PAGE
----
Less puzzling is Evan Almighty. As sequels go, I can't really imagine a further sequel to this one. Though this movie has been panned by a wide array of critics, I quite enjoyed it and Steve Carell is certainly charming from first to last as the newly minted Congressman Baxter, who vows to change the world, and as it turns out, in ways he could not have expected. The premise of this movie is the gradual spiritual awakening of a Congressman who is about to get sucked into support the raping of some of our National Park land for development purposes. Not surprisingly the wild animals won't stand for it-- indeed one could say they are leading the stampede against it. John Goodman plays the scheming Senator Long, and Wanda Sykes is comic relief as the secretary to Congressman Baxter. And of course Morgan Freeman replays his role as God-- and very effectively.
In perhaps the one profound divine speech in the whole movie God asks the Congressman-- do I make you courageous, or do I provide you with opportunities to be courageous? Good question. Is God's role in our lives to make us all we ought to be, or rather to enable us and provide us with the opportunities to be our best selves? There something to be said for choosing the latter answer. Is God a cosmic bellhop, or does God actually expect us to play our part in the divine plan? I think it is the latter. The other especially interesting feature to this latter day Noah reprise of a story is that God tells us that the flood story is not primarily a story about God judging the world. Rather it is a story about God's love for us-- he does not desire anyone to perish. So it tells the tale of how God rescued those who would be rescued. This is certainly an interesting reading of Gen. 6-9. The flood was a redemptive-judgment. It redeemed those who were willing to be redeemed, and the same flood waters that helped Noah and his family rise above the catastrophe judged the rest. But there is something else to both the original and this retelling of the Noah story, something about harmony between animals and human beings-- that we are all in the same boat, all God's creatures great and small and God wants all to be saved. God informs the Congressman near the end that ARK in fact stands for Acts of Random Kindness. Alrighty then.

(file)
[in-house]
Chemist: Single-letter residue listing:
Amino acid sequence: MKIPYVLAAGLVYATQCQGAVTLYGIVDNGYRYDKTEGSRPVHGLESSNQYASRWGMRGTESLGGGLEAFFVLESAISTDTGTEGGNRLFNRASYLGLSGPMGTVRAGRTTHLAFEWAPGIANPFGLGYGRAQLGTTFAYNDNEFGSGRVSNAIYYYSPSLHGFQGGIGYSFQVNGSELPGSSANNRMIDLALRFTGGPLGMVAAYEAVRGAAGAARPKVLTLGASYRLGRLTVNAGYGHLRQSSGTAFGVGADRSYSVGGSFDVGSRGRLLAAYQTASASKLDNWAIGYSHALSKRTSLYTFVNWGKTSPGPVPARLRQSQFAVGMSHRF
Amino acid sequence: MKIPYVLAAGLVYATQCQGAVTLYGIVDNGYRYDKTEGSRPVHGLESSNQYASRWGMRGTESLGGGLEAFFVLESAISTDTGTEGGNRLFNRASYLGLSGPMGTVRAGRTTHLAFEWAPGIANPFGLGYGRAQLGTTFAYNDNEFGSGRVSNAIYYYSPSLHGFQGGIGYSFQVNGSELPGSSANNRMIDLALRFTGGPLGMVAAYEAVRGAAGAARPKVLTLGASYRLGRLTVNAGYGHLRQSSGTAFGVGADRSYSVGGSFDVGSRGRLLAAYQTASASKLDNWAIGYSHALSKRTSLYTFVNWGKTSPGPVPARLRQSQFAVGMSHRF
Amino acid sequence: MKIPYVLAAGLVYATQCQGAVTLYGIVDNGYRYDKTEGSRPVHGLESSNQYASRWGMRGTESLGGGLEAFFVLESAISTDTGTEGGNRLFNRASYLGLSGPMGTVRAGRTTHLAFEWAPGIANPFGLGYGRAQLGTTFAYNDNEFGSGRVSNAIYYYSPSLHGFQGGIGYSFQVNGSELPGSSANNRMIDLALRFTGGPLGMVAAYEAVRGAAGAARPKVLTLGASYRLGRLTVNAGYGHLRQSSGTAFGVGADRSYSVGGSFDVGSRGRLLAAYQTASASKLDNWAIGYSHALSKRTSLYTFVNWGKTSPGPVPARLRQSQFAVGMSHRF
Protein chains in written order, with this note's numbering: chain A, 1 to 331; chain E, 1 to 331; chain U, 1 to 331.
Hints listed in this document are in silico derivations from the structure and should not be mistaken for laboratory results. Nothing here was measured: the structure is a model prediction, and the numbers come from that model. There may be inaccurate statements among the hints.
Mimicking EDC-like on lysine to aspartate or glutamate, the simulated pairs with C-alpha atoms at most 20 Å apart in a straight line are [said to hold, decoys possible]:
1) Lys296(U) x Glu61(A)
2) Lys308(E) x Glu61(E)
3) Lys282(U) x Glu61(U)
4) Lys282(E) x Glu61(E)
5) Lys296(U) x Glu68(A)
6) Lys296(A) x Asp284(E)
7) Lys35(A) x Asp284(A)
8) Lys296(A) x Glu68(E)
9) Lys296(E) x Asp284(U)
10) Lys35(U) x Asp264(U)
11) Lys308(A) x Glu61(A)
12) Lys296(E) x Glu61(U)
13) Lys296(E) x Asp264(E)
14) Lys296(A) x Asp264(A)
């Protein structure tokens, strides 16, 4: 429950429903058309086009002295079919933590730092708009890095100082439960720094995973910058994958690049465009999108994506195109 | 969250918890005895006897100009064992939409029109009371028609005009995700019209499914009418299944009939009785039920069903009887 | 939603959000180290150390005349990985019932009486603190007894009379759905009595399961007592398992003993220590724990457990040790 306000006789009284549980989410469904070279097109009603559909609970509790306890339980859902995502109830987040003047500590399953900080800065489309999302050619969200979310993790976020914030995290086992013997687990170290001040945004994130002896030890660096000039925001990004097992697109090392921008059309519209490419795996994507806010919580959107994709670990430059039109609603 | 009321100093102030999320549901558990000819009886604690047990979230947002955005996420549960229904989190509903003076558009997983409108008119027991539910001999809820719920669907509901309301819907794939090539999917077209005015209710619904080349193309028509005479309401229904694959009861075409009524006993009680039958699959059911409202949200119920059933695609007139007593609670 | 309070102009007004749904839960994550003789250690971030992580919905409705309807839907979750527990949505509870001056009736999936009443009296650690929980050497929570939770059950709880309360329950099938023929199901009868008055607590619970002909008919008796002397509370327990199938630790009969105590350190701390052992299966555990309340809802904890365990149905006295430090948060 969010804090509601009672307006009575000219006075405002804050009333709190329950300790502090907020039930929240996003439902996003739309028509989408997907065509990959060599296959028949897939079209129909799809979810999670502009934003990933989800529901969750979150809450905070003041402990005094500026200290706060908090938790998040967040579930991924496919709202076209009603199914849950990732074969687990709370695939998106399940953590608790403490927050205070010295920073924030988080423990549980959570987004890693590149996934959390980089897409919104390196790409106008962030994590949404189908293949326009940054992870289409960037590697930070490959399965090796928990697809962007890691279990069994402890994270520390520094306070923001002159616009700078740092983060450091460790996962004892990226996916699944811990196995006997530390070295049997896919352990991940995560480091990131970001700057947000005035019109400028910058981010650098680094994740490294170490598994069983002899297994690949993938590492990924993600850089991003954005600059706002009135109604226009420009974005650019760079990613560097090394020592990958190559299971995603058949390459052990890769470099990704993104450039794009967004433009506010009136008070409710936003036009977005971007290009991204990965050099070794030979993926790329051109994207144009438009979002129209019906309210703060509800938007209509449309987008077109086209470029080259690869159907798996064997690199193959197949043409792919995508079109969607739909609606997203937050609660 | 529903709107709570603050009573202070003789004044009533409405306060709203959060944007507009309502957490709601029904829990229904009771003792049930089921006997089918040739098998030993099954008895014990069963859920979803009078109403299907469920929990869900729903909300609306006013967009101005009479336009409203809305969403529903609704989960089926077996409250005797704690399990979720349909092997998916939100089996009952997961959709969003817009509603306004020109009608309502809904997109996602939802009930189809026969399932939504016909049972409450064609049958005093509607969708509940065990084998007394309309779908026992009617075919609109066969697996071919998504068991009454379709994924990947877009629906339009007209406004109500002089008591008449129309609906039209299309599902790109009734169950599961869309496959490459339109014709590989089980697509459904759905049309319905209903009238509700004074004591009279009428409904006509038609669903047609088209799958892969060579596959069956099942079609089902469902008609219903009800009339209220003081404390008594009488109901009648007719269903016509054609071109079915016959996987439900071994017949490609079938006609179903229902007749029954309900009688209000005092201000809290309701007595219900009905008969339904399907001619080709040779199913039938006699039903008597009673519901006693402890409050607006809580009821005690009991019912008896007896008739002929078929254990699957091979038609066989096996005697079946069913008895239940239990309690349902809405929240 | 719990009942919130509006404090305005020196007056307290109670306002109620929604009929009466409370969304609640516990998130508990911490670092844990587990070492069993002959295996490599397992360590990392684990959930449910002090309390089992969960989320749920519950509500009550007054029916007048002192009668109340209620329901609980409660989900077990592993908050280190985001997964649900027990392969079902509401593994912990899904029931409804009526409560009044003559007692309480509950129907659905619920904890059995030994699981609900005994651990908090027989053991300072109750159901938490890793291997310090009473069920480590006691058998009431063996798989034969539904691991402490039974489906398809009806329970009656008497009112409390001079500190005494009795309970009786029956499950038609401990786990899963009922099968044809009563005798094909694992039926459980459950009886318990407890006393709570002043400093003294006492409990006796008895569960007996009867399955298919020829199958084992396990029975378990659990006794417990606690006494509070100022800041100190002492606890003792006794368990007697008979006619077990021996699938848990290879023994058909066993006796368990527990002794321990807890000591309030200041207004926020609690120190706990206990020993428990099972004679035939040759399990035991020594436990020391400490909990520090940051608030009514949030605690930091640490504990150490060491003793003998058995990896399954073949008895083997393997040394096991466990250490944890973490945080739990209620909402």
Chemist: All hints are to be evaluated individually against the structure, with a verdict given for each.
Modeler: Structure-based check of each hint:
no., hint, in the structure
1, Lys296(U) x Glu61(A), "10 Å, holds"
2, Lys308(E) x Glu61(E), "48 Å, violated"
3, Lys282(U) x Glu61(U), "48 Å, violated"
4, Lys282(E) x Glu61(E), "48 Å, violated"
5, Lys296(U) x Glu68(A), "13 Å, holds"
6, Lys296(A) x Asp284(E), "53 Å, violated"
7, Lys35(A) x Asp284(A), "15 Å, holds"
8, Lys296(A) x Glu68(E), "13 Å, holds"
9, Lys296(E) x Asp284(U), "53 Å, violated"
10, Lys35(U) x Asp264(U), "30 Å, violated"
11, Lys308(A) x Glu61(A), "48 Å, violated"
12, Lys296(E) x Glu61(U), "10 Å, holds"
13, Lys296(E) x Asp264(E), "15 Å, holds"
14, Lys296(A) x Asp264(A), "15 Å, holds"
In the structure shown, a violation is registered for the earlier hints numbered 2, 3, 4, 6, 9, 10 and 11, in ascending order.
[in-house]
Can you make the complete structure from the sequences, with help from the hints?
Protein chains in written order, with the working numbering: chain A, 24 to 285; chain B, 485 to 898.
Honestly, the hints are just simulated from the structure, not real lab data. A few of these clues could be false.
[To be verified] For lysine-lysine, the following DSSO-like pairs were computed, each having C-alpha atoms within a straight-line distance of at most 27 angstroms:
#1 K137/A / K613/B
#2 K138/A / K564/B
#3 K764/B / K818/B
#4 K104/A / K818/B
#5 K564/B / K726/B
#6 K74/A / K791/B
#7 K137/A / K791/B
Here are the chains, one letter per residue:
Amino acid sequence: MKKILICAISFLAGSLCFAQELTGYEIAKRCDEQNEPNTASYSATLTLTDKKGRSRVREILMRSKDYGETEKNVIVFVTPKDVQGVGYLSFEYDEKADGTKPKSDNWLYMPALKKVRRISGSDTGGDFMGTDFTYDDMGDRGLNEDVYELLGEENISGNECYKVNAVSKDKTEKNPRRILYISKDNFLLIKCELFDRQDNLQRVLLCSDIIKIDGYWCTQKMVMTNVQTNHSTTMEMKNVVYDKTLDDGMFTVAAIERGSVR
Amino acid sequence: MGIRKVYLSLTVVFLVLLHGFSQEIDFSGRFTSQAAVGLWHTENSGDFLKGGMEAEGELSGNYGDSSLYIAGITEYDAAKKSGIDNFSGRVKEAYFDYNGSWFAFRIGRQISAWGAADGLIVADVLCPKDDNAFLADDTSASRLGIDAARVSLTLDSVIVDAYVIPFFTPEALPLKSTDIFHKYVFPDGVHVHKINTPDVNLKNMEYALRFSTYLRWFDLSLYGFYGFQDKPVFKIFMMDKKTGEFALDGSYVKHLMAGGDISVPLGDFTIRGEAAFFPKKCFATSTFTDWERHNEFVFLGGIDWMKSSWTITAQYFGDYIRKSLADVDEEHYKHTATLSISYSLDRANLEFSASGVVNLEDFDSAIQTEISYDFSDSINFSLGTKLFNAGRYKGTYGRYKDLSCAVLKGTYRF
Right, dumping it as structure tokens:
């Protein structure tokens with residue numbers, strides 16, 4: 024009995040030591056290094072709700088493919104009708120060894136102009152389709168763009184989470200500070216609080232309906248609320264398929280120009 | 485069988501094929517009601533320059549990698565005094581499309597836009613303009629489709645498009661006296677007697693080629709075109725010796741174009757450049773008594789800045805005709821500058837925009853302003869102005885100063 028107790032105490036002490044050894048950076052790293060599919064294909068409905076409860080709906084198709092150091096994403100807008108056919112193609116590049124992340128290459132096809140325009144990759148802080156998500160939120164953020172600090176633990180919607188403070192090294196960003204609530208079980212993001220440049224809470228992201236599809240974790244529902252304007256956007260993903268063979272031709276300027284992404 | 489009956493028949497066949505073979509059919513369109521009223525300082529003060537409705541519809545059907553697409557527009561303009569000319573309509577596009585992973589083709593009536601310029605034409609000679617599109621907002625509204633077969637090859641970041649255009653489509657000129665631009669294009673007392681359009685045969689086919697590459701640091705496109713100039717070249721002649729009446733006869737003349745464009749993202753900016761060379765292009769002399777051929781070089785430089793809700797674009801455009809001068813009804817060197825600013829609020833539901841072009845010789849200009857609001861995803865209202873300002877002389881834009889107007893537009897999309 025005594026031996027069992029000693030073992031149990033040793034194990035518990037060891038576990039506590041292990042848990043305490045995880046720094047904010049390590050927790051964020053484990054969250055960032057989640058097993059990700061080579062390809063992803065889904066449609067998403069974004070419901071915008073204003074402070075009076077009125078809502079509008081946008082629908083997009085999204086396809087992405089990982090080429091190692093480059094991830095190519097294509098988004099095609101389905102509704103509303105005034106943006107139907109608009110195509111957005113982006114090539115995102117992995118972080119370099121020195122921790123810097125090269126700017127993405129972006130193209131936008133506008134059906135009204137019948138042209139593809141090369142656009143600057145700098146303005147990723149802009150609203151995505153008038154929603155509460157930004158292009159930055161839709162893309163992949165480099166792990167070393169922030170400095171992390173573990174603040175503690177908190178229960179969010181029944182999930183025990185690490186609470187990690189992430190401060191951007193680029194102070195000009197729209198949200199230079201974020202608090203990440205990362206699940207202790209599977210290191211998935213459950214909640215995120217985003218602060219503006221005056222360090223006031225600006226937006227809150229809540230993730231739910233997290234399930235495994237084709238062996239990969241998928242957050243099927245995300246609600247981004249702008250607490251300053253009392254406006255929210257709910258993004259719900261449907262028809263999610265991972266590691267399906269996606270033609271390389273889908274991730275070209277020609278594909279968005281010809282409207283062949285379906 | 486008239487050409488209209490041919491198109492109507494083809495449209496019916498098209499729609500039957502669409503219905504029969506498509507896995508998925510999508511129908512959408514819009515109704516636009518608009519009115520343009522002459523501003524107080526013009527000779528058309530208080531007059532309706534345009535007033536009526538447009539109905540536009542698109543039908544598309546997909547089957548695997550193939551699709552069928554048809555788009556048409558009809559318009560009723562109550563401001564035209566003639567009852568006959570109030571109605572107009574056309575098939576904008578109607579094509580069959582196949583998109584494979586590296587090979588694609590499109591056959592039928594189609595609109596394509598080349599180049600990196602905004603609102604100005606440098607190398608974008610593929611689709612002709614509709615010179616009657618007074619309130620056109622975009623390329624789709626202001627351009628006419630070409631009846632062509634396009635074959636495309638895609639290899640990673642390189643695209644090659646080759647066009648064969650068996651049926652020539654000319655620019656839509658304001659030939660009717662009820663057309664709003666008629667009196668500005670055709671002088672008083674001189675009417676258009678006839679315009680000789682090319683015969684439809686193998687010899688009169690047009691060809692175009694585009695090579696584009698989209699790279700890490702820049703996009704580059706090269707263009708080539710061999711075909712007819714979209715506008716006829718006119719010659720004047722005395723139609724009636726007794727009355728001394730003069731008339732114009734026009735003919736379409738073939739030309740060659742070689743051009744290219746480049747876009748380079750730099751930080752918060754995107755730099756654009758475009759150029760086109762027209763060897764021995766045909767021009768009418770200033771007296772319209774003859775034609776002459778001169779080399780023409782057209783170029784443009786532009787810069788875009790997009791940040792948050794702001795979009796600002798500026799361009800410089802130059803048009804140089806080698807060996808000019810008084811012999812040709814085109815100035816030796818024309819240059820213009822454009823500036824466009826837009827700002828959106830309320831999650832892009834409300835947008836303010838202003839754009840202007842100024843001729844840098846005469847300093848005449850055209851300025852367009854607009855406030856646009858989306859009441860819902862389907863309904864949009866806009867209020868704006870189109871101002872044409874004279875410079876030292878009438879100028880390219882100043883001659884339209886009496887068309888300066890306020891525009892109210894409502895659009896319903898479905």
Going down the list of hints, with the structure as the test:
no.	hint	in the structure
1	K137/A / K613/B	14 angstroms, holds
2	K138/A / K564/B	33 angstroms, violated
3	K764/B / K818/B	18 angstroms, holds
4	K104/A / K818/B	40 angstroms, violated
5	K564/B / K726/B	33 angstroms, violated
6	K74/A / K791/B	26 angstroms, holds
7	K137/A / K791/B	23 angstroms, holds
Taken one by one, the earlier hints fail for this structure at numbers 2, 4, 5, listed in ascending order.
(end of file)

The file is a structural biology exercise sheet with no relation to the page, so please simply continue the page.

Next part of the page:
In the movie version there are of course various humorous scenes with the animals, who actually help to build the ark. There are hilarious scenes of Steve Carell constantly growing hair, and of his interactions with the animals, even within his office on Capitol Hill. Those animals keep following him around and pestering him until he finally relents and builds the ark. And of yes, there is also the message in this film that you need to spend more quality time with your family. Poor Mrs. Noah-- she could hardly have realized what she was getting herself in for when she married the man.
Both of these movies are about an hour and a half, which is perfect for small kids, and there is certainly nothing in "Evan Almighty" to take offense at-- its just good clean summer fun. Not profound, but fun, and not offensive either. Even the trailer with everyone dancing is funny. So enjoy-- but don't expect great revelations.